for revisiting the debate on the abandoned people’s struggles into
neoliberalism by the MDC? The foremost proponent of the opposition
propaganda, the Dailynews wrote in its editorial of the 5th of June: “…. the
opposition must rapidly get its act together and focused plan that can save
Zimbabwe now and not to prolong the crisis….clearly Tsvangirai and his
advisers in the MDC must know that time is not on their side.”
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From ZWNEWS, 10 June

A milestone?

By Michael Hartnack

The detention of opposition leader Morgan Tsvangirai on fresh charges of
treason on Friday was an act of sheer cock-a-hoop bravado by Robert Mugabe's
regime. By arresting Tsvangirai - for inciting peaceful protest marches
which were, in any case, violently dispersed before groups of more than a
few hundred could gather - Mugabe has dared the international community,
particularly the West, to show what it can do to stop him doing whatever he
likes. Not much, he no doubt believes, while he has the sympathy and support
of South Africa.

During last week’s 5-day stayaway called by Tsvangirai’s Movement for
Democratic Change, the state and the ruling Zanu PF party spared no effort
to intimidate and repress. Self styled "war veterans" and youth militia,
grouped on every street corner and in every shopping centre, summoned
truckloads of uniformed reinforcements whenever they saw three or four
people together. One man was beaten up on the steps of Meikles Hotel in
Harare where the militants arrived declaring: " We've come to get the
British." Security guards managed to slam the doors in their faces.
Passers-by in Harare city centre were made to lie on the pavement and then
whipped, as were University of Zimbabwe students on campus. Scores were
seriously injured, and it is amazing that only two people were confirmed
killed. More than 800 people were abducted or detained. In Bulawayo, women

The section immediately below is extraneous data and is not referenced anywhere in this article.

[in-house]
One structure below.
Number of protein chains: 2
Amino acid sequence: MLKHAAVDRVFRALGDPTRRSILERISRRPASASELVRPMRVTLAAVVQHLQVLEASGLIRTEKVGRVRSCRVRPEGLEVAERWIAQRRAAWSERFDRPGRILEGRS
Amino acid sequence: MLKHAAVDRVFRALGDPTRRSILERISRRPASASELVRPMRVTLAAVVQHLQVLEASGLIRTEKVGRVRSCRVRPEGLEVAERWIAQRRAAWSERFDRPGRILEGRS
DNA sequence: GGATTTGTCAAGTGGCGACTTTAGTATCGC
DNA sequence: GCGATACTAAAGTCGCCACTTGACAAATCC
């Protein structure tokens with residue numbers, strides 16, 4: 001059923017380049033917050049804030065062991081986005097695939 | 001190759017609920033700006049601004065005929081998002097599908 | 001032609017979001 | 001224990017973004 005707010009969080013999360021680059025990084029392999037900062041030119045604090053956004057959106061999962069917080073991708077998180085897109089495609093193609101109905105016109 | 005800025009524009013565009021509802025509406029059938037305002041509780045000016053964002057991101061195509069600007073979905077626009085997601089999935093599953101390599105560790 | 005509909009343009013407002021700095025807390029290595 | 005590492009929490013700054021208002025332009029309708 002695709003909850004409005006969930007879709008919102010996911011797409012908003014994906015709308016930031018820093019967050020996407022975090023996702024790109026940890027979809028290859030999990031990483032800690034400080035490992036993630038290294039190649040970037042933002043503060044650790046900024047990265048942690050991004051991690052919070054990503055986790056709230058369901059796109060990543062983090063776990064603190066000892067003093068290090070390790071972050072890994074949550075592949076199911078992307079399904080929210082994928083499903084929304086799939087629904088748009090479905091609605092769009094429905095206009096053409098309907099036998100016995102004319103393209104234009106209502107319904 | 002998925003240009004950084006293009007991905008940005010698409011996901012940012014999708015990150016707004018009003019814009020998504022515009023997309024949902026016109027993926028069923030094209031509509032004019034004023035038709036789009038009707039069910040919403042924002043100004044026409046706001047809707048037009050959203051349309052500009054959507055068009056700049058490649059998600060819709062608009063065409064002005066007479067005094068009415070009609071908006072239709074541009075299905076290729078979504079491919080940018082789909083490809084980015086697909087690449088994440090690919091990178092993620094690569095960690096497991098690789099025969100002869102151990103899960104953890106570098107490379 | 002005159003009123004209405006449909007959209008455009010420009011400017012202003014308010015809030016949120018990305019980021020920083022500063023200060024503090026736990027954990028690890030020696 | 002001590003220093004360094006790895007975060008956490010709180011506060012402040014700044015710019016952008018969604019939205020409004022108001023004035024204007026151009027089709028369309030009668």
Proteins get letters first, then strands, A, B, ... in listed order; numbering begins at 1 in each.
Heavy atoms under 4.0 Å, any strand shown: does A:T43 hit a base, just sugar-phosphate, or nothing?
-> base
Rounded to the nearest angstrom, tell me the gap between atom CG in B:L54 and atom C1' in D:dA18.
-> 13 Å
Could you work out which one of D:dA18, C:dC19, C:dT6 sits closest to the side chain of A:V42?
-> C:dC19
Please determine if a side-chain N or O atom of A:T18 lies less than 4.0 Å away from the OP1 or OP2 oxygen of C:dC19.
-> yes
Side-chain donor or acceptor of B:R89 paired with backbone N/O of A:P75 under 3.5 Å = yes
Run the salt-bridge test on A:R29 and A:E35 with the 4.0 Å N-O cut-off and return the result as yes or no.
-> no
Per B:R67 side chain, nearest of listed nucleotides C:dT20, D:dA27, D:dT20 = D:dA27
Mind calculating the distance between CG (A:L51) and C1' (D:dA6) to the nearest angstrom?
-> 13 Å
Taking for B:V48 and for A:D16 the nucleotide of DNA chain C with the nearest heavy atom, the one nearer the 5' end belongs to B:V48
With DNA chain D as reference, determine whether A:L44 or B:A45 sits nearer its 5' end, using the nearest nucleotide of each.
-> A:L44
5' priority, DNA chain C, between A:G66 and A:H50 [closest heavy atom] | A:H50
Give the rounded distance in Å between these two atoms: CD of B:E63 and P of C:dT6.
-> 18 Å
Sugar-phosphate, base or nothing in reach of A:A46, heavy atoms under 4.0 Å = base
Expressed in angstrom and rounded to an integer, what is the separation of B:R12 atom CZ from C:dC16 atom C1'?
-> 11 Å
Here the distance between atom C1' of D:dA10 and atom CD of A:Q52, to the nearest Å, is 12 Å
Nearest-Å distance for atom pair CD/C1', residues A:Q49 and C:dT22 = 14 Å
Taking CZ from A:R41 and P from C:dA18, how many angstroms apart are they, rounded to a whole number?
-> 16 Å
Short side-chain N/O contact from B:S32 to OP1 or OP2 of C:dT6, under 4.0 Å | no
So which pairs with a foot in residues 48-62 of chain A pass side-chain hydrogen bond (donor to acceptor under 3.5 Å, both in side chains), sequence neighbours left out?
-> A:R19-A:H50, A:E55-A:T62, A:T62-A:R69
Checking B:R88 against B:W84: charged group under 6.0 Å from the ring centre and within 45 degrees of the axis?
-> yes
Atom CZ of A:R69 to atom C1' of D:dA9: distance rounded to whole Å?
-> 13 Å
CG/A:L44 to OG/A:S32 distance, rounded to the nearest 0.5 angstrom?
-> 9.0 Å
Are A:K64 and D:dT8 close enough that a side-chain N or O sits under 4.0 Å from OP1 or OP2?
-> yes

taking food to those in cells were themselves seized and held incommunicado.
"If you are supporting these people then you must go inside with them," a
drunken CIO agent shouted at lawyers seeking access. "Don't you know I have
power to make you disappear?" The Association of Doctors for Human Rights
expressed outrage when riot police invaded a private clinic and took away
several of the 70 injured people receiving treatment.

Speaking at a state funeral on Saturday, Mugabe threatened to expel British
and American diplomats. Having spurned innumerable court orders in the past
23 years, particularly those relating to vote rigging, state sponsored
terror, release of abductees, and most recently the expulsion of American
journalist Andrew Meldrum, Mugabe went into a fit of self-righteous rage
over the "illegality" of the June 2 - 6 campaign for his resignation.
Illegal, he maintains, because a recently appointed judge and recipient of a
seized white-owned farm had granted an injunction against the MDC. "This
week we have witnessed the MDC pandering to foreign interests, repeatedly
trying to create scenes here in the interests of the West through so called
'Mass Action'," Mugabe said at Heroes' Acre. "… I hope the British and
United States embassies realise that, as they sponsor the MDC to instigate
it, they are doing it in order to achieve an illegal objective, they are
acting illegally on our soil. And I warn (that) their instigation cannot be
tolerated forever by my government." Britain and America, he did not
mention, are by far the largest source of famine relief funds. There was
also, of course, no mention of the up to eight million people facing

Most observers believe the five-day protest was a victory "on points" for
the MDC although in the face of armed troops, tanks, helicopter gunships,
and thugs who are simply above the law, the party was never able to get mass
street protests. However, the accompanying work stayaway succeeded in
bringing what is left of the economy to a standstill. Emmerson Mnangagwa,
parliamentary speaker, administrative head of Zanu PF, and would-be heir to
Mugabe, cancelled a briefing session with European Union ambassadors last
week in an apparent fit of political nerves. The regime was clearly scared,
said one EU ambassador, although the MDC has failed to muster the necessary
10 000 - 15 000 "critical mass" in marches that might have intimidated the
security forces into standing aside. Economist Anthony Hawkins said that
while there was no sign of any solution "the government is worse off, the
momentum is with the opposition." Mugabe’s lieutenants "must be beginning to